Well-known trademarks are those marks that can be easily distinguished from other brands. The general public can easily recognize these marks and associate them with the goods and services dealt with by them. Mega brands like Google, L’Oréal, McDonalds, Fendi are some of the famous trademarks which have a reputation of their own and can be easily differentiated from other marks.
The definitions and interpretation clause of the Trademark Act, 1999 defines “well-known trademark” in Section 2 (zg). Accordingly, a well-known trademark is a mark that can be distinguished from other marks. People associate the mark with certain goods and services, and if the same mark is used for other goods and services, people would tend to associate it with to the same well-known mark. For example, Cadbury as a brand is well-known for its business in the confectionery market but if a saloon with Cadbury as their brand name opens stores, people would associate the confectionary Cadbury with the saloon.
Certain marks would be refused registration due to their similarity with the well-known marks as under Section 11 (2) (b) of the Trademark Act. Even if the registration is sought for a different class of goods or services, it would be rejected if it is similar to any well-known mark. The reasoning being that such registrations would give an unfair advantage or be detrimental to the distinctive character or repute of the well-known trademark.
How is a mark recognized as a “well-known mark?
Section 11(6) lays down the factors to be taken into consideration when granting the tag of a well-known mark. The factors are:
Knowledge and recognition of the trademark in India and in cross-borders;
The duration, extent and geographical area of use of the mark;
The promotion, publicity and advertisement of that trademark;
The application for registration of the trademark in India which reflects the use or recognition of that mark;
Any favorable ruling against the mark in use in India.
Section 11(7) establishes certain grounds for the Registrar to take action under clause 6. The grounds are:-
The number of consumers availing the goods and services;
The size of the channels of distribution of such goods and services;
The business circles dealing with goods and services.
Section 11(8) provides that the Registrar shall consider a trademark as a well-known mark if any Court or Registrar has sound reason with evidentiary support to recognize the mark as a well-known mark.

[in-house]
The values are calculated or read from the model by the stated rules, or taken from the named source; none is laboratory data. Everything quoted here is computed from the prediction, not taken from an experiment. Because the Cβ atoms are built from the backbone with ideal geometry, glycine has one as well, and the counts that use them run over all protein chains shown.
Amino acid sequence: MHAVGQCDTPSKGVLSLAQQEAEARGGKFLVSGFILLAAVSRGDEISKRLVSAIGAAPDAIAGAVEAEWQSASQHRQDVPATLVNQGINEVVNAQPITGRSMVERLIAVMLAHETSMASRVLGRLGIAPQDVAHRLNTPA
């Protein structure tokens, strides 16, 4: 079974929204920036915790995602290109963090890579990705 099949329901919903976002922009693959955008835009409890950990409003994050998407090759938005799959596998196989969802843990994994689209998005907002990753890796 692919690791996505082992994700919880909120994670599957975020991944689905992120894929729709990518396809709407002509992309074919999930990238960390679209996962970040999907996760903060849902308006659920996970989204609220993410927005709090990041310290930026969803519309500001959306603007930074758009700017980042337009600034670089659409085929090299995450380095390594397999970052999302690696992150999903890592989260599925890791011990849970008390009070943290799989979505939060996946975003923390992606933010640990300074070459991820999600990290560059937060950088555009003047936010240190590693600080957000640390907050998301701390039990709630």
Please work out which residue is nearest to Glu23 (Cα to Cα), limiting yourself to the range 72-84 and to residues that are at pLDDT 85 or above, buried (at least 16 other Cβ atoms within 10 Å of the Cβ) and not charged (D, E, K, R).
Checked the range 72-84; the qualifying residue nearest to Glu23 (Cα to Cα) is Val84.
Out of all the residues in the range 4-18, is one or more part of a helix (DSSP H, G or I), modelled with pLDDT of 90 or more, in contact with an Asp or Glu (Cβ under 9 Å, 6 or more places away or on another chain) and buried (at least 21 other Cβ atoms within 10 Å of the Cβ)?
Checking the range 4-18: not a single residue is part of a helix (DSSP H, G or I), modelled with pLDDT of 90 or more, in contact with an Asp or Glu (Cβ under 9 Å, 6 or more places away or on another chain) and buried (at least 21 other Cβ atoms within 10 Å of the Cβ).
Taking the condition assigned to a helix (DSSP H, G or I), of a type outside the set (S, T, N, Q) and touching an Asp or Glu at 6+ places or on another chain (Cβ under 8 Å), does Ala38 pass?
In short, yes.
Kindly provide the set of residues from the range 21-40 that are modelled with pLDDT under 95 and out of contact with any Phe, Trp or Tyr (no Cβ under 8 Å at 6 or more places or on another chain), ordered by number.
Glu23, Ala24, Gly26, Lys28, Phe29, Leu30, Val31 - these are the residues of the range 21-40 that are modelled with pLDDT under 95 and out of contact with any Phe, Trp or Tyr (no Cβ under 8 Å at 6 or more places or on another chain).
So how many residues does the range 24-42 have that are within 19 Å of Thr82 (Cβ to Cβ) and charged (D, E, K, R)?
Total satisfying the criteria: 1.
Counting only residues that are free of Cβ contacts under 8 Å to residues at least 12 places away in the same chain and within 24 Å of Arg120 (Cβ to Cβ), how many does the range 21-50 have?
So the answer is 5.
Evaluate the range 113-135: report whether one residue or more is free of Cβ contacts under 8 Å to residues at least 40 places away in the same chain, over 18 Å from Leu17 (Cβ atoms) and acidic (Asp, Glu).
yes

Section 11(9) lays down the grounds to be not considered by the Registrar in determining whether or not a trademark is a well-known mark, which are as follows:
a. the use of trademark in India;
b. that the mark is registered;
c. that the application for registration of trademark has been filed in India;
d. that the trademark-
i. is well-known; or
ii. has been registered in; or
iii. in respect of which an application for registration has been filed in, any country other than India; or
e. that the trademark is well-known to the public at large in India.
Section 11(10) entrusts the Registrar with the responsibility of rejecting any identical to the well-known trademark, in the interests of protection of rights of the well-known trademark holder.
Section 11(11) provides that those trademarks which have been registered in good faith or acquired through use in good faith, even if identical to the well-known trademark, then in such case the trademarks in good faith would be held valid.
Procedure for declaration of a mark as ‘well-known’
The Trademark Rules (2017) in Section 124 lays down a new procedure for declaration of mark to be a well-known trademark by the Registrar of Trademarks. Prior to this, only courts could recognize a mark to be a well-known mark. But as per this provision, any owner of a trademark can approach the Registrar with requisite evidence to declare their trademark as a well-known trademark. Then it is upon the sound discretion of the Registrar to determine the mark to be a well-known trademark. The owner has to make a standard fee of Rs. 1, 00, 000 as is mentioned in Entry 18 of Schedule 1.[i] The Registrar shall publish the list of well-known trademarks and maintain it in the Trademark Journal. [ii] The provision also empowers him to remove certain trademarks that have been erroneously or inadvertently included in the list of well-known trademarks.
Well-known trademarks enjoy international and cross-border reputation and hence receive protection from infringers and mala fide users in all the countries. They are known for their distinctive character which has been developed over a long period of market presence. Their geographical presence in multiple countries backed by a large consumer base helps them acquire the tag of a well-known brand. A combination of these factors and statutory protection granted by the Act ensures that the reputation of a well-known trademark is guarded from infringers.